They play just as hard as kids more than half their age, and from listening to them talk about their exploits, they probably have more fun.
The men who participate in the county's thriving 50-and-over senior basketball and volleyball leagues aren't out to prove anything. They just want to enjoy the sports they grew up with or get themselves back into the shape of their more youthful days.
"Watching sports doesn't turn me on," said Bobby Pollero, who plays in the Tuesday night volleyball league and the Sunday afternoon basketball league. "Sure, I'll watch an Oriole game or the Super Bowl, but I'm not ready to sit and watch yet. I still want to participate."
Pollero, a Pasadena resident who engaged in high school basketball in the New York City suburbs, where "basketball was king," describes the the leagues as "appropriately competitive," and says the games are played with one unwritten rule in mind.
"We play by one code, and that is that everybody has to go to work the next day," said Pollero, a business management professor at Anne Arundel Community College. "I haven't seen any violation of that. You won't see anyone intentionally fouling someone from behind on a fast break. If you have a shot, you're entitled to it."
Basketball commissioner Jean "Frenchy"Letan said he was simply filling a void when he founded the league back in December.
"It gives the guys something to look forward to in the winter," said Letan, a forward on Wooden Nickel's undefeated squad that plays at Marley Middle School. "A lot of guys came to me andsaid they were depressed just lying around the house, and this league has given them new life."
Glen Burnie resident Dave McKinnon, a member of the Ace Hardware volleyball team, is a prime example of theleague's therapeutic values.
The 52-year-old federal government employee had been active in sports all his life, until a stomach disorder detected in the early 1980s put him on the injured reserve list for most of the decade.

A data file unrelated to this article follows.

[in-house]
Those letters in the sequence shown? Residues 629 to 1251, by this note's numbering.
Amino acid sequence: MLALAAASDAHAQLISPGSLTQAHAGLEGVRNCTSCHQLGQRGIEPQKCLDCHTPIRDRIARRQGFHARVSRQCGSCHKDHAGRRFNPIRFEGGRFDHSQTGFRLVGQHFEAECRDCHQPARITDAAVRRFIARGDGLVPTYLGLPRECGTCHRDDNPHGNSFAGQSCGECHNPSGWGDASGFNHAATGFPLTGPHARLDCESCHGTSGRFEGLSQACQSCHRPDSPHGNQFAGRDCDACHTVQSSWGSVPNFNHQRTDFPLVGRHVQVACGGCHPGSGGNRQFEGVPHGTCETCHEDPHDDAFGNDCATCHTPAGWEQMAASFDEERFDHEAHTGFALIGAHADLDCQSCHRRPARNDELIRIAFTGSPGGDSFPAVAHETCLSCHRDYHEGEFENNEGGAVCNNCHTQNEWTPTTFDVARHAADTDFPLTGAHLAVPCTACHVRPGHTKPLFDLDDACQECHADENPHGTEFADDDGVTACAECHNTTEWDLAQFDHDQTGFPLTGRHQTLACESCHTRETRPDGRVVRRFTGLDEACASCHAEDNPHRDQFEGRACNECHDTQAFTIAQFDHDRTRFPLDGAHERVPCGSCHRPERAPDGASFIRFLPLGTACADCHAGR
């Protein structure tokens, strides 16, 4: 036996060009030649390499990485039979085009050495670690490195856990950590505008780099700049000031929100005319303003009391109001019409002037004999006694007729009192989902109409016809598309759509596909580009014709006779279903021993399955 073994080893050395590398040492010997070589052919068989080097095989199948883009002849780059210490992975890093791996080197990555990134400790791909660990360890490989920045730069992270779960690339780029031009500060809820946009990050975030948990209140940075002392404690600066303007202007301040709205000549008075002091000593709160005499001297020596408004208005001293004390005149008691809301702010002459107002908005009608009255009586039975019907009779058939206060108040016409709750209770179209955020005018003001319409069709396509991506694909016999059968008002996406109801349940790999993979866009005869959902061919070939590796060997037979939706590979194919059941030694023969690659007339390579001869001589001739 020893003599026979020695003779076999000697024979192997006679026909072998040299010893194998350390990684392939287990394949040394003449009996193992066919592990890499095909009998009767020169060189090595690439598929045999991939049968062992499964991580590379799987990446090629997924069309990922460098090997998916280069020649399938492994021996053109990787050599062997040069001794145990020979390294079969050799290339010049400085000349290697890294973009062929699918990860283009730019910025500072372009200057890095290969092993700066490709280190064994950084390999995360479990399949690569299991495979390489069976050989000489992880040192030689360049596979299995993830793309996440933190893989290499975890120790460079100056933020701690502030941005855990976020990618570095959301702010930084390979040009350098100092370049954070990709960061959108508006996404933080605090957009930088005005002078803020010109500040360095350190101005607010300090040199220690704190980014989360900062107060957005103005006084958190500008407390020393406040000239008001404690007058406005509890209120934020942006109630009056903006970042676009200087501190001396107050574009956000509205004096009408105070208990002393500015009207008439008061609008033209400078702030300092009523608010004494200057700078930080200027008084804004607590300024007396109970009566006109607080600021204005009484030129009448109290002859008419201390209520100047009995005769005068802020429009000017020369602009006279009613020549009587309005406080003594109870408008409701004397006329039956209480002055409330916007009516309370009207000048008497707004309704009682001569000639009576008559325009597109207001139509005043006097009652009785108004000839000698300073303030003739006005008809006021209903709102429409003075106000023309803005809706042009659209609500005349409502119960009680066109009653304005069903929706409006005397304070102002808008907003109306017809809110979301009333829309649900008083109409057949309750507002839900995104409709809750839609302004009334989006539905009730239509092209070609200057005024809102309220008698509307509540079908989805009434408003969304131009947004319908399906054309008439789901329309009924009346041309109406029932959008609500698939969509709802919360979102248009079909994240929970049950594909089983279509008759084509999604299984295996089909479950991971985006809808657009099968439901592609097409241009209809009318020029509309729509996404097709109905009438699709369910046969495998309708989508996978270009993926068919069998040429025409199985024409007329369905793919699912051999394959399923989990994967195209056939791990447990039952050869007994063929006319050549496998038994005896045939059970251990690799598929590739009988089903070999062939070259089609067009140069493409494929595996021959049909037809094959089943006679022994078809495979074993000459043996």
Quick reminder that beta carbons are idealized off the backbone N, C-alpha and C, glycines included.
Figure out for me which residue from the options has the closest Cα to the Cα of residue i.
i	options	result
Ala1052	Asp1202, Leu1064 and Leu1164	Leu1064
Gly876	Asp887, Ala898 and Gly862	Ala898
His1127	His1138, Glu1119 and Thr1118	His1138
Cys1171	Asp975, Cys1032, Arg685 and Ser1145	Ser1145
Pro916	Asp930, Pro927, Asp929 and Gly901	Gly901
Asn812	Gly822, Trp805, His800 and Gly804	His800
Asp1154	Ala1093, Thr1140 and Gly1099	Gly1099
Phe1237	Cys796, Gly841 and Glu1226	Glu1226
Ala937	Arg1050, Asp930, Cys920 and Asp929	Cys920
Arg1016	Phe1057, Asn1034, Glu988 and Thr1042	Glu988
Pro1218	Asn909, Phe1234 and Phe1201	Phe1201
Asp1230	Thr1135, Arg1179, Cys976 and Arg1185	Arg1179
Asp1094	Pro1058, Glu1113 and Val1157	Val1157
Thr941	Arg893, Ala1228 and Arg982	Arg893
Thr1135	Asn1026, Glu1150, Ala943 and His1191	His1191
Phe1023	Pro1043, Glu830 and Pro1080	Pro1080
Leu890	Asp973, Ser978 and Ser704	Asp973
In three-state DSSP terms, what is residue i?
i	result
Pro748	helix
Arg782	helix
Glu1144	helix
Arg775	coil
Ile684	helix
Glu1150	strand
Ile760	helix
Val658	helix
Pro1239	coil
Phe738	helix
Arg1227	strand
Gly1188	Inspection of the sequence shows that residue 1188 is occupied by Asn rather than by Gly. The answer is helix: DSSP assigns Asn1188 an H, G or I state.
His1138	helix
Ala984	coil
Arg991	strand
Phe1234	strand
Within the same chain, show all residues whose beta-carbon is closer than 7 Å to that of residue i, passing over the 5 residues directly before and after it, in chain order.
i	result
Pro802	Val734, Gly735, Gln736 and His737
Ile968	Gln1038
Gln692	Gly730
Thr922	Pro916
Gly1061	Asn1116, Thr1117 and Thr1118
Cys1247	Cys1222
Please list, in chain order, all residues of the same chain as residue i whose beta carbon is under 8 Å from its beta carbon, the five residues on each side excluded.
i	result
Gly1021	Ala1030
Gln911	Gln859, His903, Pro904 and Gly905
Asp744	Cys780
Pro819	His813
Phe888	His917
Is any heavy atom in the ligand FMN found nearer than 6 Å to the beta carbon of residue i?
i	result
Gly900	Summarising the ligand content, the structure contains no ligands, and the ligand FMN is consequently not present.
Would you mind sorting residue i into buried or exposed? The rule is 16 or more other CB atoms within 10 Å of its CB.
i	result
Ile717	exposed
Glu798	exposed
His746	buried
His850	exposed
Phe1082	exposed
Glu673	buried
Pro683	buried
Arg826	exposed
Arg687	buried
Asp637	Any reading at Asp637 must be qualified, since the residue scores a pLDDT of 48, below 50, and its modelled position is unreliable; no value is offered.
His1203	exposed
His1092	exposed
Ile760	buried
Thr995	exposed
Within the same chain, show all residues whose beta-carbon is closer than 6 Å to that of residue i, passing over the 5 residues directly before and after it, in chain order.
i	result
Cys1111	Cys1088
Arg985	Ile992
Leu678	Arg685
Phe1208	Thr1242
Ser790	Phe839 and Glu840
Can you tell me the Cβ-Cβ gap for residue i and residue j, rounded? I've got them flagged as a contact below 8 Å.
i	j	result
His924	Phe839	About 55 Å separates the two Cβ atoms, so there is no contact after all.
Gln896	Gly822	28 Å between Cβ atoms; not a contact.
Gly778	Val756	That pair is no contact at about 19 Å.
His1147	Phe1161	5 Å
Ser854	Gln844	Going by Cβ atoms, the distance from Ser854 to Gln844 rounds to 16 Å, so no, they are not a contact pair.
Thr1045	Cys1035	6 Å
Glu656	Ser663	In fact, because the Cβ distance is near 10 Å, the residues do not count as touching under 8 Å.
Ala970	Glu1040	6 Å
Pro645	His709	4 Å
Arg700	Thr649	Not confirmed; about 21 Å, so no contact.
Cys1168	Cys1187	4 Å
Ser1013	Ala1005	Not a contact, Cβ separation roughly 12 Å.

"Man, I tell you, I was in bad shape," saidthe former pitcher for Mattawamkeag High in Maine. "I had to have surgery on my windpipe because I was throwing up so much. I looked so old during that period that when I used to go to the carnival, they'd let me in for the senior-citizen discount.
"Now, I feel great, notonly by playing softball and volleyball, but I also work out on a treadmill and I do a little working out with weights. I guess you couldsay I'm hooked on sports."
Pasadena native George Kelch, 56, a member of defending champion Spindler's first-place volleyball team, simply loves the enthusiasm and competitiveness that the players exhibit.
"Even at our age, we still play to improve, but at the same time, we go all-out to win," said Kelch, a former semipro football player. "We get up for each game, and the competitiveness is great."
Although the volleyball league, which plays its matches at George Fox Middle School, has dropped from six to four teams, Kelch says the majority of the players enjoy it even more.
"Last year, with six teams, we had to play on Tuesdays and Sundays, and the Sundays would interfere with a lot of the guys' schedules," he said. "But now that we only have four teams that play just once a week, the level of enthusiasm is way up, and the guys look forward to playing more."
Despite Betty & Jake's 0-4 basketball record, Pollero, a 5-9 guard, insists that he still finds pleasure in the activity. He even went so far as tosay he pities those whose age falls short of the half-century mark.
"When I walk off the court, I feel great," he said. "We got crushed by 25 points one game, and we all walked off the court feeling wonderful. We have a great time."
Terry Murray, a sponsor and player for the Plaza Liquors basketball team, believes it's his generation's love affair with sports that has spawned such success.
"I think itis really just our generation, the early baby boomers," said Murray,owner of Plaza Liquors. "Our age group just doesn't seem to stop playing sports.
"This league is very competitive; it's not pickup ball. These guys are going just as hard today, with no hair, as they were 10 and 20 years ago, and their competitive spirit hasn't dropped one notch. The players are a little overweight and a little slower, butthe desire to do well and to win is still there."
Glen Burnie resident Lee Hood, the basketball league's publicity chairman and self-proclaimed 14th man on the Wooden Nickel (4-0), said it's a "real thrill" to watch some of his heroes from the past on the court again.
While having fun is a priority, winning is still the main objective. And no one is more familiar with winning than Wooden Nickel coach Billy Criss.
Criss, who chose not to play so he could concentrate on coaching, attributes his team's quick start to a swift backcourt complemented by a ferocious inside game.
"We have two guards, Paul Zimmerman and Cal Etheridge, and they can run with anybody," said Criss,a Pasadena resident and graduate of Glen Burnie High School. "They can just run forever. We play man-to-man most of the time and we just get the break on teams.
"Our forwards (Letan and Jobo Riggins) andcenter (Barry Shetrone) have been doing a good job hitting the boards. They get the ball to the guards and they do the work."
And whenthe work is done?
"We shake hands and pat each other on the back," said Pollero. "The camaraderie among the players is incredible. It's a real fraternity, and everyone genuinely cares about each other."